2G Network Shutdown Brings AT&T iPhone Woes

Over the past week or so I've noticed that my iPhone battery has a lower charge than usual at the end of the day. I typically end the day between 30% and 40%, but recently it's been more like 10% to 20%. Noticing a pattern, I looked at my iPhone's battery usage breakdown, and I was a little surprised by what I saw at the top of the list:

iPhone No Cell Coverage.png

"No Cell Coverage" tops the list of my iPhone's biggest battery drainers, responsible for depleting a whopping 34% of my iPhone's seven-day collective charge. I've spent the majority of my time in my apartment over the past seven days. Although my apartment has virtually no cellular service whatsoever, it's not usually an issue for me due to AT&T's excellent Wi-Fi Calling support.

I've had AT&T service on my iPhone and iPad for about 6 months now, and I'd say that during that time my devices show one bar of "EDGE" service about 50% of the time, and "No Service" 50% of the time. But in the past couple of weeks, I've noticed that my devices now show one bar of "LTE" about 5% of the time, and "No Service" about 95% of the time. 

The final piece of this puzzle came from a blog post on AT&T's site [via Engadget]. In it, AT&T announces that they shut down their 2G EDGE network on January 1st, 2017. The timing matches up with the start of my battery issues.

From my experience and the AT&T blog post, I gather that because AT&T shut down their 2G EDGE network on January 1st, my iPhone is no longer able to connect to a weak EDGE signal inside my apartment. Now granted, this weak EDGE signal wasn't useable for data transfer at all. But it was enough to keep my iPhone from performing the battery-intensive process of searching for a cellular signal. Now that the 2G EDGE network is gone, my iPhone is left wasting battery trying to connect to a 3G or LTE signal.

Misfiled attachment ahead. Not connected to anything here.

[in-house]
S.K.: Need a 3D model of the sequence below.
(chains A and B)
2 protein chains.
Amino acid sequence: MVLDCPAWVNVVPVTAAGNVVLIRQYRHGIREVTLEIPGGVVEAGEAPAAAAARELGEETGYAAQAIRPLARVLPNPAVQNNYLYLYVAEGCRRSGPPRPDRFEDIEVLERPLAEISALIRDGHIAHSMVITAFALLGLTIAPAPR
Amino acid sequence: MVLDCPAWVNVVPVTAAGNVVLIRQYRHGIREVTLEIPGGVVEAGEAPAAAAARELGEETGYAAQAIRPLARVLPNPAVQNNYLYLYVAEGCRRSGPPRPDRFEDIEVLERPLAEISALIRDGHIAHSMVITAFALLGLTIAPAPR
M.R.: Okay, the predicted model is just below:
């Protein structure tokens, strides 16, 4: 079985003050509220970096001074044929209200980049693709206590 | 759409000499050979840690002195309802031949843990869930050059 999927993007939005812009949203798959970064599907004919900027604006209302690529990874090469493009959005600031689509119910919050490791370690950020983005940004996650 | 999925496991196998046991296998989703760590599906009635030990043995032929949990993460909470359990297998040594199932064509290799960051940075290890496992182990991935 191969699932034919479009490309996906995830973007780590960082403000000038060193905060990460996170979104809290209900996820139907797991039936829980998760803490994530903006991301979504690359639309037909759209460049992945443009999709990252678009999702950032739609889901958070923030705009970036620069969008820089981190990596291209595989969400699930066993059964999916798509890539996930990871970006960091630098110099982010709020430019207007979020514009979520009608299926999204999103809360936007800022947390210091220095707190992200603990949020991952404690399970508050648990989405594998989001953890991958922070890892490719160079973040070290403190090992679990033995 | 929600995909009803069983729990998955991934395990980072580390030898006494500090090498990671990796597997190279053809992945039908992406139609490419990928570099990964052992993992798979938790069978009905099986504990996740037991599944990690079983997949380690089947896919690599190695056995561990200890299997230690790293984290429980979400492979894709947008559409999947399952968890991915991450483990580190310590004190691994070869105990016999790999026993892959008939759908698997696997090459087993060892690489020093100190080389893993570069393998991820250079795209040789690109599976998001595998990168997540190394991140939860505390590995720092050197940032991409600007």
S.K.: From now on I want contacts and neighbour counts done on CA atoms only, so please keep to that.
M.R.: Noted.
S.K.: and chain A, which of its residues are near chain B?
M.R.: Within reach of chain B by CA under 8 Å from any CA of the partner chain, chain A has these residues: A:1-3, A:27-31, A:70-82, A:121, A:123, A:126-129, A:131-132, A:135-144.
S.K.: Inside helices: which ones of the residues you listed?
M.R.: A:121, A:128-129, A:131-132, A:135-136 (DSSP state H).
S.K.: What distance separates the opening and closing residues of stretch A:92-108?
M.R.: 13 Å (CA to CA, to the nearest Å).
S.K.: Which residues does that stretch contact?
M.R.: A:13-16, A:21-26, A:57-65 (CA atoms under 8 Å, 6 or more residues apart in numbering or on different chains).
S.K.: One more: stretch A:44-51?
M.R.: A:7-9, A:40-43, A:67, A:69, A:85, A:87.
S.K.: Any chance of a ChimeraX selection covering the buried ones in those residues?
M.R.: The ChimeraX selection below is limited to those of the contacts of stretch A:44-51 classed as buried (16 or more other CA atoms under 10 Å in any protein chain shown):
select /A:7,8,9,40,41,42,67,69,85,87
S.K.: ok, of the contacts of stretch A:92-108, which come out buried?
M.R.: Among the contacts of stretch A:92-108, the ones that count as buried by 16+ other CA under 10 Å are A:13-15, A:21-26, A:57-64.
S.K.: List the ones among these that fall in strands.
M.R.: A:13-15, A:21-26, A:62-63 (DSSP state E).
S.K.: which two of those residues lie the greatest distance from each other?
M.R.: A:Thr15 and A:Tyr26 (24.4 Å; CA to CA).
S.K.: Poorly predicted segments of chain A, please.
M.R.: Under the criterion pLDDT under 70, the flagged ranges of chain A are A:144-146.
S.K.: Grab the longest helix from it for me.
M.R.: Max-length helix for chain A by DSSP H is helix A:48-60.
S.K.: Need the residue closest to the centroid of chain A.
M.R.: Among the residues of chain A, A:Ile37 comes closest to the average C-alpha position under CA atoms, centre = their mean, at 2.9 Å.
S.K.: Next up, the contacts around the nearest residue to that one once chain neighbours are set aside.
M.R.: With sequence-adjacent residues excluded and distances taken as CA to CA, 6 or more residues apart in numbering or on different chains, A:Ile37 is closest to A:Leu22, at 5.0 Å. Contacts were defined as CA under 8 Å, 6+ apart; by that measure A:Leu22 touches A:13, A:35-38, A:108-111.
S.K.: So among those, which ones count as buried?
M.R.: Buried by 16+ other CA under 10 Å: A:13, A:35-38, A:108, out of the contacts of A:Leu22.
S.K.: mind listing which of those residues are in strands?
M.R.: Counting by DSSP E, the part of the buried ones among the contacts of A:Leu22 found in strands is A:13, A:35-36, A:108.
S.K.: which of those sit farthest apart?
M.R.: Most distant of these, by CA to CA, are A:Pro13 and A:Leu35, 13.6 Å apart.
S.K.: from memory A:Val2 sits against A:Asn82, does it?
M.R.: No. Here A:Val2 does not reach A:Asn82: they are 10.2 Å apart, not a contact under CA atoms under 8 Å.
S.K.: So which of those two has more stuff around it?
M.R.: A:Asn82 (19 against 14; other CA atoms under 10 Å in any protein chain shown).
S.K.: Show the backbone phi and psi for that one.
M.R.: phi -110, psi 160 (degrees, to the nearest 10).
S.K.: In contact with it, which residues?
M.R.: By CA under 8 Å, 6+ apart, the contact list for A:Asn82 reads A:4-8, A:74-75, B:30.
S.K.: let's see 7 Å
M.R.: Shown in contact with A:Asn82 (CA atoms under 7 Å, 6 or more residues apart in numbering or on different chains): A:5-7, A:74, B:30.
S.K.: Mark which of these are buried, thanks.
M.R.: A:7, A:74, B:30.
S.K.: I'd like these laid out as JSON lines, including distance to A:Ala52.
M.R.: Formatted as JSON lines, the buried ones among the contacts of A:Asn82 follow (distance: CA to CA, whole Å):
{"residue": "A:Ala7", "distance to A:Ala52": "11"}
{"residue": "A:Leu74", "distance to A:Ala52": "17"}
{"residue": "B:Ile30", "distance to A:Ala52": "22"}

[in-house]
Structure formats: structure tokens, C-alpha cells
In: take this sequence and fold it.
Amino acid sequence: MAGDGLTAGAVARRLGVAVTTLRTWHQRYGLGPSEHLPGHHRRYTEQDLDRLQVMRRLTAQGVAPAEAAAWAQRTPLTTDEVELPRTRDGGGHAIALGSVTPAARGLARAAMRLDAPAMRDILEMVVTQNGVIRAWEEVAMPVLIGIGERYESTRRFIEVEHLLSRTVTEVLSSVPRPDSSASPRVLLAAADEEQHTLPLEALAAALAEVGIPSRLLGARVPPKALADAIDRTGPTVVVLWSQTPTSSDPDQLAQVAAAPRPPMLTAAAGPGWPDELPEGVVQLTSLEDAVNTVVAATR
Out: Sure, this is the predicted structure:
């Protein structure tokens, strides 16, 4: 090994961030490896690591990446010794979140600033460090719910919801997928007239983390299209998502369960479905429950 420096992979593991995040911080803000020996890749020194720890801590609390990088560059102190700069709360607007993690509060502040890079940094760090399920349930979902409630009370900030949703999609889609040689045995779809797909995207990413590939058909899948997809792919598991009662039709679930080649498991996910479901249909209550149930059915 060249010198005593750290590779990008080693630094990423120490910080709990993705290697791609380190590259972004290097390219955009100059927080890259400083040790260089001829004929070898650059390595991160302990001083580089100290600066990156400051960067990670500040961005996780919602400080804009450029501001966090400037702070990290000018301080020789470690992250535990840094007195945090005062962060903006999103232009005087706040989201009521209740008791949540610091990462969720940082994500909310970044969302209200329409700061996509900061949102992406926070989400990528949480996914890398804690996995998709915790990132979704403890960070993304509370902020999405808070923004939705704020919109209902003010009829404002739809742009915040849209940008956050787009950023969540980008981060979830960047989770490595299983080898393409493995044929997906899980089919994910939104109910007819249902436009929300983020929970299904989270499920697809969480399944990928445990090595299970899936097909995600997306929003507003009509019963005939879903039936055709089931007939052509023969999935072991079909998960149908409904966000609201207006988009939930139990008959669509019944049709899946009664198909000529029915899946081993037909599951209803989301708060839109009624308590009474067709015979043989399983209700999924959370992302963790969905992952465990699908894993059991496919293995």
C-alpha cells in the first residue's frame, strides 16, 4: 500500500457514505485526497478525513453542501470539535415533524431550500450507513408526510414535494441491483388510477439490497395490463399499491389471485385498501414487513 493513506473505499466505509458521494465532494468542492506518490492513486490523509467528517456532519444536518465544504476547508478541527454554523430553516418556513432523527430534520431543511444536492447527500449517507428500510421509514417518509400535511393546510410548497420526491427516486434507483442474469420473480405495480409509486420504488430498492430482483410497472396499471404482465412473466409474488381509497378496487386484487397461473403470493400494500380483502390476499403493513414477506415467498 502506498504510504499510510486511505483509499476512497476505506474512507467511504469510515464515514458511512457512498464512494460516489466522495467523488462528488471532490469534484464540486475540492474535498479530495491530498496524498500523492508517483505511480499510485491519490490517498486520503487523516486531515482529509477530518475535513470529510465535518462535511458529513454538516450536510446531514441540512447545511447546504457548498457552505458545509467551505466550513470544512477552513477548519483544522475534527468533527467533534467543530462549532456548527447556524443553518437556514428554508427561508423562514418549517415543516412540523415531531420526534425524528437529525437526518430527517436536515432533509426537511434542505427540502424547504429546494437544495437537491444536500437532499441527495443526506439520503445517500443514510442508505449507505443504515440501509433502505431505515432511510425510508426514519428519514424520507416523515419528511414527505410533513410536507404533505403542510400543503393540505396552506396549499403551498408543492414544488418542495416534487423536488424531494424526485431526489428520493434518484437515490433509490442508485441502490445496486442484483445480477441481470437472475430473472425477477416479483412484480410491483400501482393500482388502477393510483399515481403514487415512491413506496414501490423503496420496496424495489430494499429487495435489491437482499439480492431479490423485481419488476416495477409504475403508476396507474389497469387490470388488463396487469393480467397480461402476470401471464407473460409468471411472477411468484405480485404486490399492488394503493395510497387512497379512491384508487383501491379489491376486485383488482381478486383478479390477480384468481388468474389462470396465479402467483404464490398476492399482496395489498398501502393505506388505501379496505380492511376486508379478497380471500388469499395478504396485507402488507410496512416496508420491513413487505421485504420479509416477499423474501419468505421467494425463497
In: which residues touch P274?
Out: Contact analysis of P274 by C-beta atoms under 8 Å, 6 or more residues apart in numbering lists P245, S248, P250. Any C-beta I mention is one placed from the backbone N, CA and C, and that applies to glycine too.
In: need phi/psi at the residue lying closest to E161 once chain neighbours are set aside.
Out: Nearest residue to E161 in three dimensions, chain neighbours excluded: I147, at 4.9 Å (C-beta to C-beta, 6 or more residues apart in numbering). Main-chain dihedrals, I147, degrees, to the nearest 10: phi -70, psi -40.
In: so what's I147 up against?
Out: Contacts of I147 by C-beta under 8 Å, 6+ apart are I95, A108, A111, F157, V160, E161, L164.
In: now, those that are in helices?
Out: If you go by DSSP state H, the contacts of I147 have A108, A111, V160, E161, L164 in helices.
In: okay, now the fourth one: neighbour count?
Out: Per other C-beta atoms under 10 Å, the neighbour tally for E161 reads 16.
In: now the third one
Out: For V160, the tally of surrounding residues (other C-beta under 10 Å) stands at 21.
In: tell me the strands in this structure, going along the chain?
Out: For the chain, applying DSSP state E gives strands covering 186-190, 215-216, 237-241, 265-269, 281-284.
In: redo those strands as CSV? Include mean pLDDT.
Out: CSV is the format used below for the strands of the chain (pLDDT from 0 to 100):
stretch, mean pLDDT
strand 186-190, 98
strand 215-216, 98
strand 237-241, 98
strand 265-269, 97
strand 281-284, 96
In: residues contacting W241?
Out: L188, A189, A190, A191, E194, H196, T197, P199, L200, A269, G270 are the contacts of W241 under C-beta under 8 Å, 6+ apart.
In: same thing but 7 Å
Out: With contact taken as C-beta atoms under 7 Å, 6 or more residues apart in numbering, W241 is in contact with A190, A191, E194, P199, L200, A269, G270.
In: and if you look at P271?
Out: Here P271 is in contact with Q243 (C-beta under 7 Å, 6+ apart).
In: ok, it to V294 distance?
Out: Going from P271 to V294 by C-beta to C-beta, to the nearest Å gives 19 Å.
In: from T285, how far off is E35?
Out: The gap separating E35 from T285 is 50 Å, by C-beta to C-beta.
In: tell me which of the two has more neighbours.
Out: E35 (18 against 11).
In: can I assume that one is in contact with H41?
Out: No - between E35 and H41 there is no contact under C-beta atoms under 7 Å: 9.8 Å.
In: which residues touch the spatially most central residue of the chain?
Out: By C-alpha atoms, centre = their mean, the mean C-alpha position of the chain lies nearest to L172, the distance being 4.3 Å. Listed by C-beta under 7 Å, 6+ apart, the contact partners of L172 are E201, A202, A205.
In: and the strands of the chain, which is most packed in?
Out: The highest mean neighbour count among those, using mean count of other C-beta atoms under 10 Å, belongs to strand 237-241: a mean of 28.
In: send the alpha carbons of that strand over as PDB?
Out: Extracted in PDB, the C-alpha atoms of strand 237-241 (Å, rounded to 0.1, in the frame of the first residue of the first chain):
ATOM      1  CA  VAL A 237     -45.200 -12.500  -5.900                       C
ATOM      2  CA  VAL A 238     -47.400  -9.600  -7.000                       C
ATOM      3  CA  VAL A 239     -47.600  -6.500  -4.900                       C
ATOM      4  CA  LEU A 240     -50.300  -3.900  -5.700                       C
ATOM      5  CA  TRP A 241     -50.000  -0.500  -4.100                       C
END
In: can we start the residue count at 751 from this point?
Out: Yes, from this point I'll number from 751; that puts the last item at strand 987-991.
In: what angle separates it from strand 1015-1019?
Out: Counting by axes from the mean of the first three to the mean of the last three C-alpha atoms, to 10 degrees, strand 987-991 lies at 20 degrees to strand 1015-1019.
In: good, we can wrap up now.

Aside from AT&T building out their network (hurry up and bring us 5G!), the only other reasonable solution would be for Apple to improve their cellular network searching algorithm. Clearly there is some logic going on behind the scenes: the iPhone shows "No Service" (as opposed to "Searching...") much of the time when cellular service is unavailable. But it's clear to me that it's not as optimized as it could be.

Sometimes, my iPhone doesn't search for service aggressively enough. For example, when I start driving, it sometimes takes multiple minutes before my iPhone switches away from "No Service" and searches for a cell signal. But other times, my iPhone searches too aggressively. When I'm in my home, it's clearly spending some time looking for a cell signal (hence my battery life issues). But in my home I'm connected to Wi-Fi Calling, so a cellular signal isn't necessary. If my iPhone has a strong Wi-Fi connection and is connected to Wi-Fi Calling, it should cease to look for a cell signal until the Wi-Fi connection degrades or is lost. That small step alone would go a long way toward resolving my battery life issues.

I haven't seen much online about this issue. Is anyone else with weak AT&T service in their home experiencing worse battery life in 2017? Let me know on Twitter @joeduvall4

Update (January 26, 2017): After two calls into AT&T and a visit to an AT&T store, I was offered a free AT&T MicroCell. While it's not the most ideal solution, it should at least solve my problem until AT&T's network improves or I move to a new apartment. If anyone else is experiencing this issue, I'd suggest calling AT&T technical support.